Lindsey Graham easily won the South Carolina primary on Tuesday, in stark contrast to another amnesty supporter in Eric Cantor. Cantor's defeat at the hands of an under-the-radar TEA Party candidate, David Brat, signaled that the rumors of the TEA Party's death have been greatly exaggerated.
While Cantor chose to basically ignore the threat in the congressional district around Richmond VA, Lindsey Graham and his team have been laying the foundation of his campaign for nearly a year.
Many feel like the campaigns of Det Bowers, Nancy Mace and Benjamin Dunn were actually spearheaded by none other than the Graham team, in order to cut support to Bill Connor. Det Bowers was actually Bill Connor's pastor until Bowers abruptly left the church in a bad way some time ago. Nancy Mace was the first female graduate of the Citadel (Connor's alma mater) where her father yields considerable influence. And Benjamin Dunn is an Afghan war veteran, albeit not to the extent that Connor is but nonetheless, someone that could take a few votes. Bowers mined a lot of Bill Connor's support from his church, Mace and her father controlled the Citadel connections and Dunn taking some of the veteran vote.
All combined, those three candidates all siphoned off support that Bill Connor had in 2010 during the Lt Gov race, where he had over 130,000 votes in a 4 way primary.
That was the biggest concern from the beginning of this campaign. Many conservatives around the state had long been pushing Connor to run against Graham and Lindsey's team knew they had to have an airtight plan to cut Connor's support. This plan by the Graham team not only cost Connor a lot of votes at the polls but the money that would've otherwise been available to him through donations during the campaign.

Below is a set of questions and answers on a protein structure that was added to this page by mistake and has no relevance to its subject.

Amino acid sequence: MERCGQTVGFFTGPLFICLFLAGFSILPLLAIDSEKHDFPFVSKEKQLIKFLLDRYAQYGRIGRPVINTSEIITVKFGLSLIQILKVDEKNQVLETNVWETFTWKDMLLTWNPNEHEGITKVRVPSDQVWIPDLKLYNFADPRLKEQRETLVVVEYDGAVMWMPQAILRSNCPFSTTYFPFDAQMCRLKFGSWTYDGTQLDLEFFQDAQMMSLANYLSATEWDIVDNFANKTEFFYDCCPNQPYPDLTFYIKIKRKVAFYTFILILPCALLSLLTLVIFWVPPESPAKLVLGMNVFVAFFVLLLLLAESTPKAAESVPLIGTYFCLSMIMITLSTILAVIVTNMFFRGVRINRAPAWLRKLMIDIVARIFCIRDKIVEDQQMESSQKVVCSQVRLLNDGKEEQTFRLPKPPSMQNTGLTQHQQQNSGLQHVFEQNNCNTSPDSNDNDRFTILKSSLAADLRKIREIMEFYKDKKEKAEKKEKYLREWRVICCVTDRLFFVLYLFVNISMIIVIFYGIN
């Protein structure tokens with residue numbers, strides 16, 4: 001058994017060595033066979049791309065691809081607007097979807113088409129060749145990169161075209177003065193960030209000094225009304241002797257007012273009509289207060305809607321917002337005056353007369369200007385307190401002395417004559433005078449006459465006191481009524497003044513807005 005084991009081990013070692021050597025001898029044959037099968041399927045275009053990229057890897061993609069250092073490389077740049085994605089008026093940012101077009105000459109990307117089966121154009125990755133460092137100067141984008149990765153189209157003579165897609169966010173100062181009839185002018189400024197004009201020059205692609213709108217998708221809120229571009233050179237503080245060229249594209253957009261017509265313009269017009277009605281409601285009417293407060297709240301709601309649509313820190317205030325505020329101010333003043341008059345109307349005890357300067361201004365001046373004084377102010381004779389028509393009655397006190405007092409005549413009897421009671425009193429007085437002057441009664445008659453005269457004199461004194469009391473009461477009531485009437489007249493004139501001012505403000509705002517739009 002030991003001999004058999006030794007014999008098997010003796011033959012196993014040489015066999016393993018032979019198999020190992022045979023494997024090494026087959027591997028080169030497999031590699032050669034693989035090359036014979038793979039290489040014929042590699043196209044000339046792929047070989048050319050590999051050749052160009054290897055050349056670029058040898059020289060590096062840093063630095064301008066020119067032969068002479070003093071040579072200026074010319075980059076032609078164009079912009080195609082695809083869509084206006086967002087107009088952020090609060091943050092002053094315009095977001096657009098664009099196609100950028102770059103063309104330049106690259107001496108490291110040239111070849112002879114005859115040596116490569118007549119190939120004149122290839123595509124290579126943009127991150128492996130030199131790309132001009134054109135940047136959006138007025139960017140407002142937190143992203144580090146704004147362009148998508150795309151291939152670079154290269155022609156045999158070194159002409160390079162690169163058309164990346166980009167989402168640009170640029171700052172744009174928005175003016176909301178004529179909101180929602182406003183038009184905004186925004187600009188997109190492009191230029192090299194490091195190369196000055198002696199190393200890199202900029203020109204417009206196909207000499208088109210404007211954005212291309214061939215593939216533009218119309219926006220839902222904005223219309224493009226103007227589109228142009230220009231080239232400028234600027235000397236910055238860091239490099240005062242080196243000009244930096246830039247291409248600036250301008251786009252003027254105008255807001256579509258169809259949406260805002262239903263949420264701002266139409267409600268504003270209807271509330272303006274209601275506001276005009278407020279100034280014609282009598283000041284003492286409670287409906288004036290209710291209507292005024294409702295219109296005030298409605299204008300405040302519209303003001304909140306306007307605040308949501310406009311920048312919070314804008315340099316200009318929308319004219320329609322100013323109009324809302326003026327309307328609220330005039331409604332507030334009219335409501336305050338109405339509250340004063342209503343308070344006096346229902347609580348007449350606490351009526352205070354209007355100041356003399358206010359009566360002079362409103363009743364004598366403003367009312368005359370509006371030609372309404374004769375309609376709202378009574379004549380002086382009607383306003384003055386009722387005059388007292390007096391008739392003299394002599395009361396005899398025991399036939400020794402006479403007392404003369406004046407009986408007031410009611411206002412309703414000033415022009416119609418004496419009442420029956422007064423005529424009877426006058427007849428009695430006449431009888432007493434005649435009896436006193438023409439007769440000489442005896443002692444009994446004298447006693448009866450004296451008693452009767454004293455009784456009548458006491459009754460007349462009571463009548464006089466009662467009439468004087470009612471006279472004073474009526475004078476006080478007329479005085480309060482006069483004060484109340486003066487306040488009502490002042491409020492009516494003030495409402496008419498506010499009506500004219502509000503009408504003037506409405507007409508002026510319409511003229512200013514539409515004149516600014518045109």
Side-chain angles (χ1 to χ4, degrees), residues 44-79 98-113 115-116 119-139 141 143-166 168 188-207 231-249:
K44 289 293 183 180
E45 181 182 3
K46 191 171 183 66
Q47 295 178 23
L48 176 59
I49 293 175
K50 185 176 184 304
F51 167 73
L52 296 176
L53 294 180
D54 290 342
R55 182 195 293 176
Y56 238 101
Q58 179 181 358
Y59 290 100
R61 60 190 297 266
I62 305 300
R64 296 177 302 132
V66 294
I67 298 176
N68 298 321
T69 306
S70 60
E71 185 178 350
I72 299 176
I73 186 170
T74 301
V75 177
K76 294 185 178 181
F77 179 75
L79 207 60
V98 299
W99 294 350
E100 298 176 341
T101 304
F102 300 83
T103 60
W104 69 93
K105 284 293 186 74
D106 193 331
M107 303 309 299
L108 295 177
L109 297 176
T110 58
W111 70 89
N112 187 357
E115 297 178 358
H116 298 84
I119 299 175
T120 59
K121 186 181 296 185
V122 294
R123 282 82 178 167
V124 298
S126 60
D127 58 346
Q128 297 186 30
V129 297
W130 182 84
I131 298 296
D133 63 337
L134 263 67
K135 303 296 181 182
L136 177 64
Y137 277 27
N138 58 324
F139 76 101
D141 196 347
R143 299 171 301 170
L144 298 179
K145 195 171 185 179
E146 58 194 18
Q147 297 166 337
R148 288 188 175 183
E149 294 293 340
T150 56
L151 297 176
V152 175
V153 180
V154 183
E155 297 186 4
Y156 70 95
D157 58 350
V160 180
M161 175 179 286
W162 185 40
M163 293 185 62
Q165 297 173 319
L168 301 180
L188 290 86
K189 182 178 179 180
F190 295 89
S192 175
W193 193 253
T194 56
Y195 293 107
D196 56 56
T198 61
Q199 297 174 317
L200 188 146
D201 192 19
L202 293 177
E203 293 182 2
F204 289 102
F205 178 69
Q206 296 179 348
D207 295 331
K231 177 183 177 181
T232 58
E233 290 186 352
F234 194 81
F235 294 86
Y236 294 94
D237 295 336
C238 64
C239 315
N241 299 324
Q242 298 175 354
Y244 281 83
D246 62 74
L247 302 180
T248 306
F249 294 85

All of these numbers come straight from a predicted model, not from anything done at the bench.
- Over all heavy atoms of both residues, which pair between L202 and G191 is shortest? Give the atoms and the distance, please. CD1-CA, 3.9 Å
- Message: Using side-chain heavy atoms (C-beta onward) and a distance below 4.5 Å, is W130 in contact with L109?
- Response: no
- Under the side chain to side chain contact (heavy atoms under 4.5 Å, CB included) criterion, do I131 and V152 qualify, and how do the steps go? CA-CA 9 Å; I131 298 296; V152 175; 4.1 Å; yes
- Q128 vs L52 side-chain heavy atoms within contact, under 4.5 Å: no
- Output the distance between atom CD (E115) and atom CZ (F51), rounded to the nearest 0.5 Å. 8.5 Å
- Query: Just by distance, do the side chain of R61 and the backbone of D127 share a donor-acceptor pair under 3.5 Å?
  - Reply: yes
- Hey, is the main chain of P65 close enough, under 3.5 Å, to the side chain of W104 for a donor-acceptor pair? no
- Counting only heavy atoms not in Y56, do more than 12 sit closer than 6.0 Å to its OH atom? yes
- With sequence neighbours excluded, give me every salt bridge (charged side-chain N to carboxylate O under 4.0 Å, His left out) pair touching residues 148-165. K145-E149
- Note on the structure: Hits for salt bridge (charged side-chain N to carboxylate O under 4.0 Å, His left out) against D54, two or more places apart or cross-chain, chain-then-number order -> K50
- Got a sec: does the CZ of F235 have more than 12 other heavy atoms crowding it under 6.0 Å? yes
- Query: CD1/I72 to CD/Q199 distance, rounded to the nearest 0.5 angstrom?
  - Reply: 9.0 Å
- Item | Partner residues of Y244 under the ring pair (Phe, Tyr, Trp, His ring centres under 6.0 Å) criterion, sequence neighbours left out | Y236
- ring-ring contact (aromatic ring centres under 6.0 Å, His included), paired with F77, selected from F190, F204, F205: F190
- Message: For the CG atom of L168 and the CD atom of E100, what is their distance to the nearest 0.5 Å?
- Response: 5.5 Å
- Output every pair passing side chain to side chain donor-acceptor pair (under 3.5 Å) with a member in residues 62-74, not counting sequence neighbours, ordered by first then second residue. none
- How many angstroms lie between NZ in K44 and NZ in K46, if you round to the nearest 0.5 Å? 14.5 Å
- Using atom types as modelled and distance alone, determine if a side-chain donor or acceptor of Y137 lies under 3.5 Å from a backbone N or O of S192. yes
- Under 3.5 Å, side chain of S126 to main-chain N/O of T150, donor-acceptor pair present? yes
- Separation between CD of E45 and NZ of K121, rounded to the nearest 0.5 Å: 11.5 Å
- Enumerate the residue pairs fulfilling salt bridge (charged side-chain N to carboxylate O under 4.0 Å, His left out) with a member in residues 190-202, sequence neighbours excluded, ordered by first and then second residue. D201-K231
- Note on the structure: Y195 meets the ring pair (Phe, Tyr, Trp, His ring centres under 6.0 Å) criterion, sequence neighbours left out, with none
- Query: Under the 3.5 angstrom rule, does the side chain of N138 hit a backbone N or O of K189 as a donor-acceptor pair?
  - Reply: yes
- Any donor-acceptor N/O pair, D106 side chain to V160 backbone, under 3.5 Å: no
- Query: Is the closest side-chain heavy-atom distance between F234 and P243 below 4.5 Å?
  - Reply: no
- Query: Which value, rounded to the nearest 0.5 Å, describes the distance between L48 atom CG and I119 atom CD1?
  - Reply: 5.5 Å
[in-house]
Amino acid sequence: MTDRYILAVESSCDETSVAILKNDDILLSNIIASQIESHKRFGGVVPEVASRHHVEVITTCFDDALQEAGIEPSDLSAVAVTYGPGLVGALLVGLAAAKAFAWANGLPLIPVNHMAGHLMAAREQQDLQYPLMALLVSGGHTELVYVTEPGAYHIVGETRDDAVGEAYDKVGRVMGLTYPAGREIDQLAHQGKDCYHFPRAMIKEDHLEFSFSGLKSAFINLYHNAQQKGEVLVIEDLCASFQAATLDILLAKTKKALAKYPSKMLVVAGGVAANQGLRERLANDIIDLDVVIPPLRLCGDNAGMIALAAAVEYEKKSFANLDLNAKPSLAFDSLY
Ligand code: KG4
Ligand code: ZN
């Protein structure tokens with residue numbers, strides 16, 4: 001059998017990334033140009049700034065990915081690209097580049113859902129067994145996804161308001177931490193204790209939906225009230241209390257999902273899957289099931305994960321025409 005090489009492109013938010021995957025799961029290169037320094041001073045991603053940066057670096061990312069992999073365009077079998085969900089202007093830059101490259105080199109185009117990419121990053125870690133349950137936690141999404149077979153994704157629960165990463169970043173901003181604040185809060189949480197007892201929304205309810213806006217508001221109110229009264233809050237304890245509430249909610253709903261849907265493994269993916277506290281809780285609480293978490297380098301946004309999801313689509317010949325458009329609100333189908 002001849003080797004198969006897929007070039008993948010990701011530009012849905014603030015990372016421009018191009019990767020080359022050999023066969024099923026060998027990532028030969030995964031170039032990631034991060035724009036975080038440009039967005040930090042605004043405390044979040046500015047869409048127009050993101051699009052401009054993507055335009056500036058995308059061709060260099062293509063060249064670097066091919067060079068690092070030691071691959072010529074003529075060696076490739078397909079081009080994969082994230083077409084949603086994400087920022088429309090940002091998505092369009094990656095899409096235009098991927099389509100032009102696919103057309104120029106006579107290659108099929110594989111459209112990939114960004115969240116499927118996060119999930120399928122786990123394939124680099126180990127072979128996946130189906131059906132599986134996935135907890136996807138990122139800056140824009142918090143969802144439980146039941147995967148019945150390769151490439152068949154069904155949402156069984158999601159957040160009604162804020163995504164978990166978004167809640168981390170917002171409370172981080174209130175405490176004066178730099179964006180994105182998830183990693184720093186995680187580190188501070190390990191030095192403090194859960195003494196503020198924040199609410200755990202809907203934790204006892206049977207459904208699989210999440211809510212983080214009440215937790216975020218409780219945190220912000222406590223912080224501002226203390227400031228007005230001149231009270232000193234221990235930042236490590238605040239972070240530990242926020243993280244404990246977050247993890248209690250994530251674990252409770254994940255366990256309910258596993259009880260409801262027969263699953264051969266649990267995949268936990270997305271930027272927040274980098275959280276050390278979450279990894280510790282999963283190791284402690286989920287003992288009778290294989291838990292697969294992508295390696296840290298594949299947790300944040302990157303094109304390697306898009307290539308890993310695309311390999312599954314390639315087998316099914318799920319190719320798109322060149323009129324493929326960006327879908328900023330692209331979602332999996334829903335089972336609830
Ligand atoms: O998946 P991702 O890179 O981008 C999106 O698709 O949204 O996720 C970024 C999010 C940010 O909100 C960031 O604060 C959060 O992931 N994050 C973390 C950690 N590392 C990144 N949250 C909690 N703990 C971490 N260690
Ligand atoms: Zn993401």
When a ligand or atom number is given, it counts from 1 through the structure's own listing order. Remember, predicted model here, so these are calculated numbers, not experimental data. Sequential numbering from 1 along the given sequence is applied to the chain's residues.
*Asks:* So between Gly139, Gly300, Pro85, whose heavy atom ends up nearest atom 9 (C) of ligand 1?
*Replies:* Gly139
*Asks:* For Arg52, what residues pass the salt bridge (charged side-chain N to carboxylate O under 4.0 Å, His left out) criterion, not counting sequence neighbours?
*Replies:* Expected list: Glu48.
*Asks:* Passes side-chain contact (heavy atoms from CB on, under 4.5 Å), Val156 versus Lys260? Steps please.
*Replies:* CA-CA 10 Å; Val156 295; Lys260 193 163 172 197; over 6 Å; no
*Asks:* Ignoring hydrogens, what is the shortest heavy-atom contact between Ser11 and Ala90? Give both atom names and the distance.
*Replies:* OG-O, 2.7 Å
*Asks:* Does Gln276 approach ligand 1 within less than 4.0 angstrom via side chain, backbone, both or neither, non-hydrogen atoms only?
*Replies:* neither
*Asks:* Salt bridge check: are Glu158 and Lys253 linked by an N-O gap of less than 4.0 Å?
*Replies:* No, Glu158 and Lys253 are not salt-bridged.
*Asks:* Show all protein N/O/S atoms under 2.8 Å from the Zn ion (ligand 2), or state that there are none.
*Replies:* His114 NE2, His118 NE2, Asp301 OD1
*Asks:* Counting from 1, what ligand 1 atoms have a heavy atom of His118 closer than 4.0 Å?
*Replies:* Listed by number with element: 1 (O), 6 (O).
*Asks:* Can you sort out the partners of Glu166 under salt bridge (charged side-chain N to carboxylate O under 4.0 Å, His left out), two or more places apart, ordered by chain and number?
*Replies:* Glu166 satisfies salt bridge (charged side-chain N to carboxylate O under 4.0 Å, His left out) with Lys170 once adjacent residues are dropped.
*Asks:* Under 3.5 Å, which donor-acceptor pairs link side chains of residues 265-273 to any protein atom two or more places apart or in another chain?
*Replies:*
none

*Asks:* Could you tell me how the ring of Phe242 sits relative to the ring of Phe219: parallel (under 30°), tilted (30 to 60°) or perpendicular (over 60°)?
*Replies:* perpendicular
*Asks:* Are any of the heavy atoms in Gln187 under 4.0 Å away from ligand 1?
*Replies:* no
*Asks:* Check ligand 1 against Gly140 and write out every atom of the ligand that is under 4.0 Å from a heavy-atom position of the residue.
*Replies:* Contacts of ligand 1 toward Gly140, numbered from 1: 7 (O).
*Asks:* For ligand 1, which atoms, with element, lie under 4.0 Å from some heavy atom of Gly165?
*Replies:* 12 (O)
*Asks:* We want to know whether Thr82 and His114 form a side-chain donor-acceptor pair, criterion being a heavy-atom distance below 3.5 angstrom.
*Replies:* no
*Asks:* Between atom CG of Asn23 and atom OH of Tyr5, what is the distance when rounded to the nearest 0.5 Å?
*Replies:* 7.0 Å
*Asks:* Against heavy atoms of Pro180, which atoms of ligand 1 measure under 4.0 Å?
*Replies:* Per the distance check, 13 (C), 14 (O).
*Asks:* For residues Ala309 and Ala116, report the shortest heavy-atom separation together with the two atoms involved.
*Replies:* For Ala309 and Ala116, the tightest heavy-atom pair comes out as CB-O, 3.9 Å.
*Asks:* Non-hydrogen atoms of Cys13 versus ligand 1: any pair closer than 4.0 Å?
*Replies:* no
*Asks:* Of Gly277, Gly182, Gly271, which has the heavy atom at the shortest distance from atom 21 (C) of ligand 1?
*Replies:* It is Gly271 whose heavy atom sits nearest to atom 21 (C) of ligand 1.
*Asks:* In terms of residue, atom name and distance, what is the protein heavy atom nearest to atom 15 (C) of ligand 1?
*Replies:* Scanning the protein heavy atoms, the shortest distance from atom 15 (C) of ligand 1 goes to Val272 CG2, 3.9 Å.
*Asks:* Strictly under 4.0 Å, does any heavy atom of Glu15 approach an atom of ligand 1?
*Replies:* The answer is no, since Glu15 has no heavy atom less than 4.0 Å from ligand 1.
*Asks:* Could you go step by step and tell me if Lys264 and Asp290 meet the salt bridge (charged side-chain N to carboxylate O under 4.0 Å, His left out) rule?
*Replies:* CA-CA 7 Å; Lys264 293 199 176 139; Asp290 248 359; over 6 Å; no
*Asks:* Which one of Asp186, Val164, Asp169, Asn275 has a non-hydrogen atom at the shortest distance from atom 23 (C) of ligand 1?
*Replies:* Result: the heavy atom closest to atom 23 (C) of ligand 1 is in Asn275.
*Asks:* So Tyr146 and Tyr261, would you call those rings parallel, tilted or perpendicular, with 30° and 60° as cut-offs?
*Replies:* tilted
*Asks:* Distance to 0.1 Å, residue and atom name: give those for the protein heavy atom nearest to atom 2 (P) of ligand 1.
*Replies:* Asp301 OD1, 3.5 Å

Ultimately, there were only two candidates with any sort of chance to beat Graham (Connor and Bright) but Lindsey Graham and his team knew that Lee Bright would not and could not get enough support to put him in a runoff. Bright, as the "Ron Paul" candidate just wasn't going to be able to garner much more support than Paul himself did in South Carolina's primary in 2012. Paul got 13% of the vote in that primary while Bright was able to get 15.6% yesterday, that was about the maximum percent Bright could've received. Many folks, including those voting for the other conservative candidates, were simply too turned off by the Liberty Caucus crowd (Ron Paulers) to support Bright in big numbers. This site will have more on that later.
At the end of the day, Lindsey Graham's campaign ran a perfect race, eroding the support for the candidate they deemed most likely to challenge Graham in a runoff.
Eric Cantor's team, on the other hand, chose to ignore their big threat and rely on Cantor's ability to mislead voters on his record.
As we all know this morning, Lindsey Graham won big and Eric Cantor lost big.
Look for the establishment wing of the GOP to learn a huge lesson from this.